Today my wife inspected my teeth. She identified many “issues needing to be addressed.” This is a milestone of sorts since it is only recently that Beliefnet has gotten its dental insurance restored. The business school journals rarely discuss the impact of bankruptcy on flossing protocols, but believe me, it’s one of the major hidden costs.
We are feeling good these days—thinking maybe we can afford fancy wallpaper in one room at least—because the company I co-founded, Beliefnet, has recently become un-bankrupt. This was an amazing turn of events, not only because of the dental hygiene implications but because along the way we seemed to violate many aspects of conventional wisdom about Internet businesses. (We are, after all, a content-oriented, advertising-dependent, religious dot-com, not exactly the type of business that’s supposed to succeed these days.)
Beliefnet is the leading multifaith religion and spirituality Web site. The short history of the company is … we boomed, we busted, and then, unlike almost every other dot-com in our situation, we got back on our feet and have actually begun to thrive. I was interviewed by a USA Today reporter a couple of weeks ago about it, and it was very hard for me to avoid religious metaphors. But since we’re a multifaith site, I said I really wasn’t sure whether this was a resurrection or a reincarnation or just good fortune (hey, we have some atheist readers, too).
The site launched Dec. 28, 1999, just in time for the turn of the millennium. We wanted to go live by then in case there was an apocalypse, figuring that would be an interesting religion story. We got $5 million dollars from venture capitalists, who told us, “Don’t worry about revenue for the first year.” We carefully followed their advice. We just created a nice site, recruited plum religion and spirituality writers like Jack Miles, Karen Armstrong, Bishop Spong, and Rabbi Michael Lerner, and built a humongous audience. People often ask where all that money went and in large part the answer is: building audience. We have 1 million people visit the site each month, 4 million subscribers to our e-mail newsletters, and send out 170 million e-mail newsletters per month. (Note to self: Ask Nic if that 170 million number can possibly be true.)
In fact, the entire company was functioning brilliantly except for not generating revenue, which I’m told can be a problem for a business. Then, in the classic trajectory of so many Internet companies, our investors suddenly wanted profitable businesses and withdrew our funding.
We faced a choice between two brands of bankruptcy, Chapter 7 or Chapter 11. Chapter 7 is when the company simply disappears. If you have hard assets, like a soda-bottling machine, you can sell that to generate cash for the creditors. Since most of our hard assets were hideous orange office chairs, we weren’t expecting that Chapter 7 would deliver much for the creditors. Some of our investors wanted us to do Chapter 7 anyway, but in a dramatic board of directors meeting a “swing vote” board member voted with us to do Chapter 11 instead.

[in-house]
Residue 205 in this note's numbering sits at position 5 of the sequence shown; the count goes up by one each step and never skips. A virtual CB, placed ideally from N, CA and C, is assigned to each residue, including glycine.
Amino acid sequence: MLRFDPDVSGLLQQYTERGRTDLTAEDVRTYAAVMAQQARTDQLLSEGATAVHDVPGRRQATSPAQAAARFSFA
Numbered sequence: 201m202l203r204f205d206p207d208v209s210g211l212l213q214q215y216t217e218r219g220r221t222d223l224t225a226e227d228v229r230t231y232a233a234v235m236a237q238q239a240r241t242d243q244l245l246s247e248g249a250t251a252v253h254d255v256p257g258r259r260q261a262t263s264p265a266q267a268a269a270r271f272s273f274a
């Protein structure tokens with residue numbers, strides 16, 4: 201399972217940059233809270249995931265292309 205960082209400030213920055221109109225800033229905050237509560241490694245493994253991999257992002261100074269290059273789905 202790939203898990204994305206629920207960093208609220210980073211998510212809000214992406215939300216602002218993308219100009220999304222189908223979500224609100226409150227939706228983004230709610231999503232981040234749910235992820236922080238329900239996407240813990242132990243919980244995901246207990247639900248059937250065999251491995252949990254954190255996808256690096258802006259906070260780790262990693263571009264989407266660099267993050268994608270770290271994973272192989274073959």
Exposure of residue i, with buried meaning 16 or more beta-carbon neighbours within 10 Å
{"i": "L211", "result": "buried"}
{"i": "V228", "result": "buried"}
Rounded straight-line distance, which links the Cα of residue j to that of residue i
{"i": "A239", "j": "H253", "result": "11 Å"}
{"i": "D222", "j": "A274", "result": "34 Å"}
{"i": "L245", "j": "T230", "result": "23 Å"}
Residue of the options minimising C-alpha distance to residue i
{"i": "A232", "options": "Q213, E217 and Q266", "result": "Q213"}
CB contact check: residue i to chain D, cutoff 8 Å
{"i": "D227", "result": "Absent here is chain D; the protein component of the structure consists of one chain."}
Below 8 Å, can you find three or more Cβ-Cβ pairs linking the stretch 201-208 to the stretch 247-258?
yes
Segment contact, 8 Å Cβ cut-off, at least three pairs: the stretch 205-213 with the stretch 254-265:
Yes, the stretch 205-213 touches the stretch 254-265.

Chapter 11 is often called “reorganization.” As we learned quickly, though, the point of it is less to reorganize than to get money for creditors. In fact, the whole bankruptcy process is an oddly democratic system to help creditors get something back. In our case, the creditors were folks like Kinko’s, an Episcopal bishop, IBM, ATT, a rabbi, and various other people and companies we inadvertently stiffed. The fundamental process is: You submit your best offer (“We’ll pay you X percent of what we owe you all”), explain to the court why you now believe you can run a business that won’t be back in bankruptcy court in another few months, and if the majority of your creditors vote “yes” to your plan, you can “emerge” from bankruptcy. You have two elections, actually, one where every creditor no matter how big or small gets the same vote. And another, more like the House of Lords or the U.S. Senate, where the big-money creditors have disproportionate influence. There are electioneering rules on what you can say and to whom.
Anyway, on April 11 we went into Chapter 11. On Oct. 28 we officially got out of Chapter 11, not only alive but actually, weirdly, surprisingly, perversely, profitable, too. More on how that happened later.
Though we are officially out of Chapter 11 now, there’s still much bankruptcy-related work. This week we actually get to write checks to the creditors, collect new investment money, and attempt to sell some of the orange chairs.
Most fun, though, is figuring out how to deal with people who were mean to us during bankruptcy but, now that we surprised them by sticking around, are again being nice—nice challenge for a religion and spirituality Web site—the daily dilemma of deciding between vengeance and forgiveness.
Oh, and we’re planning a massive un-bankruptcy party for later this week. Probably BYOB.